Empirically, the analysis draws on an ongoing ethnographic study of ReTuna, a shopping mall based on reuse located in Eskilstuna, Sweden. ReTuna was established in 2015 and is run by a municipality owned waste- and energy company. The owner’s goals are to create profit while also reducing the amount of incinerated waste and increasing the awareness of sustainable consumption. To fulfill these goals, ReTuna collects donated goods and distributes them to its tenants, who process and re-sell them. While ReTuna sells recirculated goods, it aims to be a traditional mall, with individual outlets, pop-up stores, and a café that offers lunch and snacks. The mall’s total area is 5,000 square meters distributed over two floors. On average, 400 visitors dispose of goods at the waste recycling station and 750 people visit the mall each day. 

The study makes use of ethnographic methods (Peñaloza 1998; Czarniawska 2007), combining in situ semi-structured interviews and observations at ReTuna. In total, 49 interviews with mall management, store owners/managers, store staff, collection and sorting staff and, other people involved in organizing the mall have been carried out. Three types of observations have been conducted, i.e., six overall mall observations (7,5 hours in total), 26 in-store (participant) observations (64 hours in total), and six (participant) observations in the collection and sorting center (35 hours in total). 

Preliminary results indicate that a set of interlinked practices are involved in the re-qualification of goods at the Re-Tuna mall. Goods go from devalued to be become valued again through a re-qualification processes involving the 1) selecting (valuing goods and selected which of the donated goods to sell and which to discard), 2) material re-making (including the cleaning, washing and steaming of second-hand goods, the refurbishment and renovation of second-hand goods to restore goods’ original function but also the redesign of goods), 3) displaying and 4) servicing of second-hand goods. We will show how second-hand goods are through these series of interlinked practices re-qualified – gaining new qualities that make them valuable to consumers – and under what conditions this process of re-qualification is possible.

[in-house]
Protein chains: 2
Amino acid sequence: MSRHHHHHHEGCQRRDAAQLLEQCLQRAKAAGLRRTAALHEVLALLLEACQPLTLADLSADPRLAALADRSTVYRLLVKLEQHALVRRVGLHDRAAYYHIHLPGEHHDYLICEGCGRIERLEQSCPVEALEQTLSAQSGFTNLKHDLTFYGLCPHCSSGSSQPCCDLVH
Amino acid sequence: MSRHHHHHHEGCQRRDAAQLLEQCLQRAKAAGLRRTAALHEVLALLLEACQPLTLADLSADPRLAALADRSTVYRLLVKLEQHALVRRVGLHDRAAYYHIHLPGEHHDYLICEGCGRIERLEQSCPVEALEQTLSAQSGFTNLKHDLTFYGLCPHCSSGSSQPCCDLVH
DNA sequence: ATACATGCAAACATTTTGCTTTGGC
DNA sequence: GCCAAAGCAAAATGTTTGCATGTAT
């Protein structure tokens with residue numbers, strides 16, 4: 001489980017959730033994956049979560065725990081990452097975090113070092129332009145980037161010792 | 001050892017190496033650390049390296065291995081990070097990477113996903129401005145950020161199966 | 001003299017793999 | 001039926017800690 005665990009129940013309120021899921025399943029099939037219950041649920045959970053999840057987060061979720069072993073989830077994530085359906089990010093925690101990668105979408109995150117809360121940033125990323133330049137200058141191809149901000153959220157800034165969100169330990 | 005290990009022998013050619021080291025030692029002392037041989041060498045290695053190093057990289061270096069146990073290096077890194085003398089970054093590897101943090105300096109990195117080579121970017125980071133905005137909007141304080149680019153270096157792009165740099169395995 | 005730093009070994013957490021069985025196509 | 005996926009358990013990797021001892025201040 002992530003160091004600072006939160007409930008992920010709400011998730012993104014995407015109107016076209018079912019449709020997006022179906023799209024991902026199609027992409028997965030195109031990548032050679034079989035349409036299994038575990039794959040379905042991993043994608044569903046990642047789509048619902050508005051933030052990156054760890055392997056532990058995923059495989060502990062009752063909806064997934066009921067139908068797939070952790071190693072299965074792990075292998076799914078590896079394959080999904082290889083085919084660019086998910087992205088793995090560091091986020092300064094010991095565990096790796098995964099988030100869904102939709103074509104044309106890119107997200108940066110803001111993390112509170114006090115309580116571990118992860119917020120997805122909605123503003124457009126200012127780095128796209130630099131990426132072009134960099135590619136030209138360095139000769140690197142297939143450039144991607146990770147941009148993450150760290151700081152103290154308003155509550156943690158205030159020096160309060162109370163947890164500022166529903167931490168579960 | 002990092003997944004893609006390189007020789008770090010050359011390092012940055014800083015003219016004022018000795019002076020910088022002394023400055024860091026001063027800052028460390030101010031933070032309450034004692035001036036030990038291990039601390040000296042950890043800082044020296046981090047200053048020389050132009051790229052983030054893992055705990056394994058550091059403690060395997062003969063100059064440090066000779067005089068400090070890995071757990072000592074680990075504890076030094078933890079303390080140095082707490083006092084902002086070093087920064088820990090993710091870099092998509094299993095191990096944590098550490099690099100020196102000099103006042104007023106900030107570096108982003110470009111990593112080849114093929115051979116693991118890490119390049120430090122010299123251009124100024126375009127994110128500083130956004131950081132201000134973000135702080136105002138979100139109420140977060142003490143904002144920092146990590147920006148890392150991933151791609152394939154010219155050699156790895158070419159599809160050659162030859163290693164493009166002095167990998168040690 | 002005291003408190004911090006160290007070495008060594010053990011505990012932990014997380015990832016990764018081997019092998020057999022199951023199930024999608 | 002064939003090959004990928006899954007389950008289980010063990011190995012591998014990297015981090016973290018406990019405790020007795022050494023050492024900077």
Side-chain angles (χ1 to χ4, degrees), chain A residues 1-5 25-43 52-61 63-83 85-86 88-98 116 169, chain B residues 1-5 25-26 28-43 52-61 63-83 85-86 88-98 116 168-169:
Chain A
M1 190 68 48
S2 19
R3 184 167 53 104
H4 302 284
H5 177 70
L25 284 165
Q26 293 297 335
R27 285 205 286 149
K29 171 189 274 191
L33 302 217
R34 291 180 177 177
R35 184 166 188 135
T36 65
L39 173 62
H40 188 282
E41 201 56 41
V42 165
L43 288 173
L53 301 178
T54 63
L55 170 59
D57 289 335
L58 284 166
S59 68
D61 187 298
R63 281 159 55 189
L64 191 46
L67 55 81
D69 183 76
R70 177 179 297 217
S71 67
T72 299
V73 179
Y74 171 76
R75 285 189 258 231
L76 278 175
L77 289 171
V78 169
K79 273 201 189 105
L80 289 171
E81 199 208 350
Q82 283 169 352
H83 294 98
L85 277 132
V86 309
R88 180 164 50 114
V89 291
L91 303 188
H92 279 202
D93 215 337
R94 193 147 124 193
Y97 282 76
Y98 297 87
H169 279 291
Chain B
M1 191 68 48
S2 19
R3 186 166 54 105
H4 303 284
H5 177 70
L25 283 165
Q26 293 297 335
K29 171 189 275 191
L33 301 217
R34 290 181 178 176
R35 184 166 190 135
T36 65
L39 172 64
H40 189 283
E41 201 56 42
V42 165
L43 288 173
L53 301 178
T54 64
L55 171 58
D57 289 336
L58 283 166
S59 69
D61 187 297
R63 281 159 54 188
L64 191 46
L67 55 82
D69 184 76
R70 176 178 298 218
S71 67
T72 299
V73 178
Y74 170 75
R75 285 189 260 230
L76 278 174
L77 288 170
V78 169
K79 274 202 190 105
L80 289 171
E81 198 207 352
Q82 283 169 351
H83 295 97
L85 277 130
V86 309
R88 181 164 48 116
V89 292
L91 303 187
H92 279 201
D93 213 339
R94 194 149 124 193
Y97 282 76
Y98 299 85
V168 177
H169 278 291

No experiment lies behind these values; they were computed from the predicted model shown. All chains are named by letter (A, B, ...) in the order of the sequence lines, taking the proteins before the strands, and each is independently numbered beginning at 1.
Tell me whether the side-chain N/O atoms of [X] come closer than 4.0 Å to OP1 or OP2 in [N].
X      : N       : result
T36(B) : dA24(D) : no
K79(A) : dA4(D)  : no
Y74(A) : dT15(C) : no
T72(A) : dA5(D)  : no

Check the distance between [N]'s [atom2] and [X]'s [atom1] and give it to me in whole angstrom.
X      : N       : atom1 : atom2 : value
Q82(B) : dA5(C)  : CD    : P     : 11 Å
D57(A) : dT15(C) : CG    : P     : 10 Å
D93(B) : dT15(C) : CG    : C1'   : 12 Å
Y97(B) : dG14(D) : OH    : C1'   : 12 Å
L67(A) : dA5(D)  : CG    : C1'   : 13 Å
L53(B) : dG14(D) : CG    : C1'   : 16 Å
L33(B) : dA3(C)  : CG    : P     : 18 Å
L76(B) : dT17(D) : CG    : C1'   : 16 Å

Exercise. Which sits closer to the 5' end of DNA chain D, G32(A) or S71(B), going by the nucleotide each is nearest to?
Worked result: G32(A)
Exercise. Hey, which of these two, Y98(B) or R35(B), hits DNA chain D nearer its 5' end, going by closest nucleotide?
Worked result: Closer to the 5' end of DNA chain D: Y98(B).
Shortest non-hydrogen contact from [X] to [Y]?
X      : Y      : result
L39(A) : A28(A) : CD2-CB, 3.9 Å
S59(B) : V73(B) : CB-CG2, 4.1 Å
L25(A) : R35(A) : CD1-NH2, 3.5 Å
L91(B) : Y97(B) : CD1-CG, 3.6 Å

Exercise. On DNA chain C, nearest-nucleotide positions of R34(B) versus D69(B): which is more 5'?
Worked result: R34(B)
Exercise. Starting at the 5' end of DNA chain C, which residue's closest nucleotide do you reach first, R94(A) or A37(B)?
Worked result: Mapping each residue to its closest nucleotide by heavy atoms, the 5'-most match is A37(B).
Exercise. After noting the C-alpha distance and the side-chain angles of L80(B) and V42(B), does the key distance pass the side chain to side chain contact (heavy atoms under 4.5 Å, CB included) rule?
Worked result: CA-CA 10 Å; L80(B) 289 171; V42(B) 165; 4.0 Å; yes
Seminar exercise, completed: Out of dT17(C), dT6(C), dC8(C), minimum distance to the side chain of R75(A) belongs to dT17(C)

The paper contributes to the discussion on marketing in second-hand retail (McColl et al. 2013; Kamleitner et al. 2019; Kim et al. 2021) by discussing successful and failed re-qualification activities of second-hand goods. By learning from practical attempts, it is possible to advance the understanding of how contextual framing (marketing activities) must be interlinked with innovative use of material qualities in re-qualification processes. Practical implications involve a developed understanding of re-qualification activities that can be used by (second-hand) retailers in enhancing product and business development strategies.  

Keywords
Sustainability in retail,  Second hand consumption, Marketing, Ethnography, Valuing
National Category
Business Administration
Research subject
Textiles and Fashion (General)
Identifiers
urn:nbn:se:hb:diva-26921 (URN)
Conference
The 7th Nordic Retail and Wholesale Conference (NRWC)
Available from: 2021-11-19 Created: 2021-11-19 Last updated: 2021-12-01Bibliographically approved
Organisations
Identifiers
ORCID iD: ORCID iD iconorcid.org/0000-0001-6687-274x